Monday, March 19, 2012

"Bouncy Floors" and Other Innovations: Making Workplace Safer for Older Workers

In one of series of articles on older workers, Misty Harris writes that "[f]rom offices with flex-floors to injectable heart monitors and mobile medication alerts, experts predict our job sites could one day come to offer a standard of safety approaching that of a care facility." Among other developments in the offing that could come to the workplace, Harris points to:
  • biometric sensors no bigger than Band-Aids that will improve doctors’ capacity to remotely monitor workers’ overall health;
  • smart canes that provide real-time feedback on proper gait and potentially alert a person’s colleagues by text if a fall occurs in the workplace;
  • belts with built-in airbags that deploy when sensors detect that a fall is imminent; and
  • a "bouncy" floor that's compliant enough to absorb a fall, but hard enough not to inhibit regular activity.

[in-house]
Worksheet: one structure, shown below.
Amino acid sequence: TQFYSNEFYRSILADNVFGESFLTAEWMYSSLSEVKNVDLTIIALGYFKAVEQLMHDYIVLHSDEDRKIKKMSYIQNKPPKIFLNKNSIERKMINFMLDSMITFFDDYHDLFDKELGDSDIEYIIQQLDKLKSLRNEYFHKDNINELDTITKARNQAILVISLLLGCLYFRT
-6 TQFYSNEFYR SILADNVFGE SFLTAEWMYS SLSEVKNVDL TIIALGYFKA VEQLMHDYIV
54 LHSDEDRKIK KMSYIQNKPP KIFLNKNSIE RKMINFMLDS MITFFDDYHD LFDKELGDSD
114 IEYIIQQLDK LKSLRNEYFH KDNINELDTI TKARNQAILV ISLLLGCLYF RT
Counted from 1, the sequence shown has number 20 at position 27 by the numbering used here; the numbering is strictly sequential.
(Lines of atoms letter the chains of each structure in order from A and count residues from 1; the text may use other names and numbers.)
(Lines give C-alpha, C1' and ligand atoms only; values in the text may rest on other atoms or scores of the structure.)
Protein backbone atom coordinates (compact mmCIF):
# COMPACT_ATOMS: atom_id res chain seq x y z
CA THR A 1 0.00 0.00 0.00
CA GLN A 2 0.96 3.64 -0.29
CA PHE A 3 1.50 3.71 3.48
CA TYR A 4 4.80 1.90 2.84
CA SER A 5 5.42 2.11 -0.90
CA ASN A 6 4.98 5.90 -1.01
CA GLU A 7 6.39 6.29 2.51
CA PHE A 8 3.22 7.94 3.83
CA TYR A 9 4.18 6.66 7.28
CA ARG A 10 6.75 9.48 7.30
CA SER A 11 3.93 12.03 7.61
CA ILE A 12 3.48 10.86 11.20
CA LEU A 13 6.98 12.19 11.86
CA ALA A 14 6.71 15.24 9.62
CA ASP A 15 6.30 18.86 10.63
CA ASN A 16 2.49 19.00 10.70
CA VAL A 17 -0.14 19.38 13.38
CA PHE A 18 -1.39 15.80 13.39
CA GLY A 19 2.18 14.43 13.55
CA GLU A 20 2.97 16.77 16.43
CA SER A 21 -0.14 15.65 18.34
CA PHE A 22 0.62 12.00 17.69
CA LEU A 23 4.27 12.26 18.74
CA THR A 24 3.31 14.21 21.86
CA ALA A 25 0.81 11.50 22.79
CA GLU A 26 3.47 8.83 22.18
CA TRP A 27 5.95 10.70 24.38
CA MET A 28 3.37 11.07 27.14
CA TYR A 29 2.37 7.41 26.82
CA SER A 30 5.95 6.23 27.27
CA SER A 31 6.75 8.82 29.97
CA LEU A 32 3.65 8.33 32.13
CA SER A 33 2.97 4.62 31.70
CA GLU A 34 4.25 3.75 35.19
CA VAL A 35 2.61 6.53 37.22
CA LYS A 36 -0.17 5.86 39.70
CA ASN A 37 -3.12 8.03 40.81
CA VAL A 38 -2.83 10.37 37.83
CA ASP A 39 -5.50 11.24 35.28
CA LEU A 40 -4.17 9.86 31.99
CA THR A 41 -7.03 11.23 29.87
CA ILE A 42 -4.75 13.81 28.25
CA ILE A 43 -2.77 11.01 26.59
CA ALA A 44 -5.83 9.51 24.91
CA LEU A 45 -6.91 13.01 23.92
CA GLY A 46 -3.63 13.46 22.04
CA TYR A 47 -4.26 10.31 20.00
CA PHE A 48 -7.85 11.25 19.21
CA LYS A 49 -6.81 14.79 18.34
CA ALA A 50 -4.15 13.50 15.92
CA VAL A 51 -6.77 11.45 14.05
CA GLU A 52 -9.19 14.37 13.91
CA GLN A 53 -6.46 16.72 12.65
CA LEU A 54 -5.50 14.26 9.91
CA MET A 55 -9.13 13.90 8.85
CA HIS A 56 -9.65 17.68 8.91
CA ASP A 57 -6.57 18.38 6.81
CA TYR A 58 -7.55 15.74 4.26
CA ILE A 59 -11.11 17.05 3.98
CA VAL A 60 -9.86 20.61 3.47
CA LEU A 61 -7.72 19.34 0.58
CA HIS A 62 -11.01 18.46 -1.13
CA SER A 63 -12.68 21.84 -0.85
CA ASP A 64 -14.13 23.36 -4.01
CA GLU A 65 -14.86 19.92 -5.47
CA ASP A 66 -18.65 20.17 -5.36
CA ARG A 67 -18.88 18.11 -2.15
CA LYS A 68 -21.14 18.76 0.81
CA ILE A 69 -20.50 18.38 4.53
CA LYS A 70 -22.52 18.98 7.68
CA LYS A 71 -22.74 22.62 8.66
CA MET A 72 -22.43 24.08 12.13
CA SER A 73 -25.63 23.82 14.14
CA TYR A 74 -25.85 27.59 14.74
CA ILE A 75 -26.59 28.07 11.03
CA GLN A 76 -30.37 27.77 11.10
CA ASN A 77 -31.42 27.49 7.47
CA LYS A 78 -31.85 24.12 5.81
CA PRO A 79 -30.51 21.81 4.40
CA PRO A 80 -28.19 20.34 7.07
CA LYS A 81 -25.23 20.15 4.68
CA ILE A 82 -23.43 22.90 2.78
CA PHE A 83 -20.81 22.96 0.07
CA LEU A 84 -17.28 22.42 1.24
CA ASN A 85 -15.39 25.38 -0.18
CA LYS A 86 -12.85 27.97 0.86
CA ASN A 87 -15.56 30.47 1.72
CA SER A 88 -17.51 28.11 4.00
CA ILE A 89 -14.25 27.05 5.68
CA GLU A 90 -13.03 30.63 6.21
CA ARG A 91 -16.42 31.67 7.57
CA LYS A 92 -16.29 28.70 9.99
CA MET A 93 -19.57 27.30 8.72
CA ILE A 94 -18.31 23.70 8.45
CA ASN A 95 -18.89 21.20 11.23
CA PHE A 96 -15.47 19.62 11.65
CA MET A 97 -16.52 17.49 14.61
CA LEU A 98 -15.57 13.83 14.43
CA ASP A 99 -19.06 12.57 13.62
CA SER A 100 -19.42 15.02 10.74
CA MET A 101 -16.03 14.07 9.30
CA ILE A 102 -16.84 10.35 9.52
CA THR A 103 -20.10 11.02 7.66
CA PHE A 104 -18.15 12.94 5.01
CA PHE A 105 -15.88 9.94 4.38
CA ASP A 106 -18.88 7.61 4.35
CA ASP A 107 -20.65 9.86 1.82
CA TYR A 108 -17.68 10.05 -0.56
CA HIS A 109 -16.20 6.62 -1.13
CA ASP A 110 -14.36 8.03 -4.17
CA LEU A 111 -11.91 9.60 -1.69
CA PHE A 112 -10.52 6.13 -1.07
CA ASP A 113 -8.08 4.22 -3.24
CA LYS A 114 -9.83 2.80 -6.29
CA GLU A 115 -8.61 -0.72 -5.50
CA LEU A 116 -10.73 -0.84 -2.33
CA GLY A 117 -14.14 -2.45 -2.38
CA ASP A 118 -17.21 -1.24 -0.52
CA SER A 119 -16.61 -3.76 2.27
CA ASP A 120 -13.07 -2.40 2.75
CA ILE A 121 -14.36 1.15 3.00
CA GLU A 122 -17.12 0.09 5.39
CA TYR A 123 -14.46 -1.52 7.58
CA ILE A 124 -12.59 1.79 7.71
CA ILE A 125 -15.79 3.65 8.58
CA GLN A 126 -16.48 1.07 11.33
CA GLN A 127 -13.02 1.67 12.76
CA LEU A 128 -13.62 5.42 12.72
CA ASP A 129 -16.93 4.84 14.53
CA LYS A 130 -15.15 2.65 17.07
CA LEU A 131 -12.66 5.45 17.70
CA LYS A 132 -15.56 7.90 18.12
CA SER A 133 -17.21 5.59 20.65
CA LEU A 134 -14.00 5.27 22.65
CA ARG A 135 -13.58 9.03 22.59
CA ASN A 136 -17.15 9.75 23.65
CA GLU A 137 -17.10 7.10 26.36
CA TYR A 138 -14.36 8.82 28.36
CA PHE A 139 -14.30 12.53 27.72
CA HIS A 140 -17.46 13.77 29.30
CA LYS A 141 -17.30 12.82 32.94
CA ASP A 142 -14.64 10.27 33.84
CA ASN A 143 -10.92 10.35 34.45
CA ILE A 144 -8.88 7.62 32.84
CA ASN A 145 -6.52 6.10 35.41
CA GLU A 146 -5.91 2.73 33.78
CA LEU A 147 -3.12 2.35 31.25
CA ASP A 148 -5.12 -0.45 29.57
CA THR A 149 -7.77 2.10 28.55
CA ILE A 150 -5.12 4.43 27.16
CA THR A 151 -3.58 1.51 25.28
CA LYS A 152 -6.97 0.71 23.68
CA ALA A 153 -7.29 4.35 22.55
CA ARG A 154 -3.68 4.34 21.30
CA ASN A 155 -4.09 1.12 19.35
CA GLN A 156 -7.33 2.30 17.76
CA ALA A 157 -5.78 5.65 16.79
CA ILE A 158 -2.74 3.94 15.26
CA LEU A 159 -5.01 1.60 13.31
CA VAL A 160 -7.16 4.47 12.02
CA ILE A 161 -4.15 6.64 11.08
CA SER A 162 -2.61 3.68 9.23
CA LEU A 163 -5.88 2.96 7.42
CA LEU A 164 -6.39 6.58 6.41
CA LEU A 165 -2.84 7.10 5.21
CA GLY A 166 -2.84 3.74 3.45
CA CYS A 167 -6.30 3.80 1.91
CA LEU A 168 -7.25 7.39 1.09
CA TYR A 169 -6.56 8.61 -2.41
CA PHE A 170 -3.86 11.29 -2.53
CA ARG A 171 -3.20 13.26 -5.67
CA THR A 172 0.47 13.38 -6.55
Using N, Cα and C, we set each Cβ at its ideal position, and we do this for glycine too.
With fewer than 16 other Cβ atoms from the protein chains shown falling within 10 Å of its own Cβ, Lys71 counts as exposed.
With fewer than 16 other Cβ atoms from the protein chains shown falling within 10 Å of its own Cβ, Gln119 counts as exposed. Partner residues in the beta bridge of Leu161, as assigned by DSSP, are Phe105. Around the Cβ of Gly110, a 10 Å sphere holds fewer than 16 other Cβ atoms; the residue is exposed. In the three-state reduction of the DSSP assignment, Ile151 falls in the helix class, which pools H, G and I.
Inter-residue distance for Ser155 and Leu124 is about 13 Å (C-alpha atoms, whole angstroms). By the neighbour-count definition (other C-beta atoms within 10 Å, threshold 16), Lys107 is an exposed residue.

As Harris points out, it’s "all part of a vision of the future in which employees and employers alike assume greater responsibility for workers’ well-being."
"If you’ve got people living longer, and they’re reasonably healthy, they need to be able to work," says Gloria Gutman, director emerita of the Simon Fraser University Gerontology Research Centre. "You could think of gerontechnology as the idea of, 'what can we (make) that will allow people to do that for as long as possible?'"
Source: Postmedia News "New tech helps aging workers bounce back from health issues, falls--literally" (March 19, 2012)

Additional Source: See also AARP Blog "Reading This On A Computer? The Glasses You May Need" (March 19, 2012)

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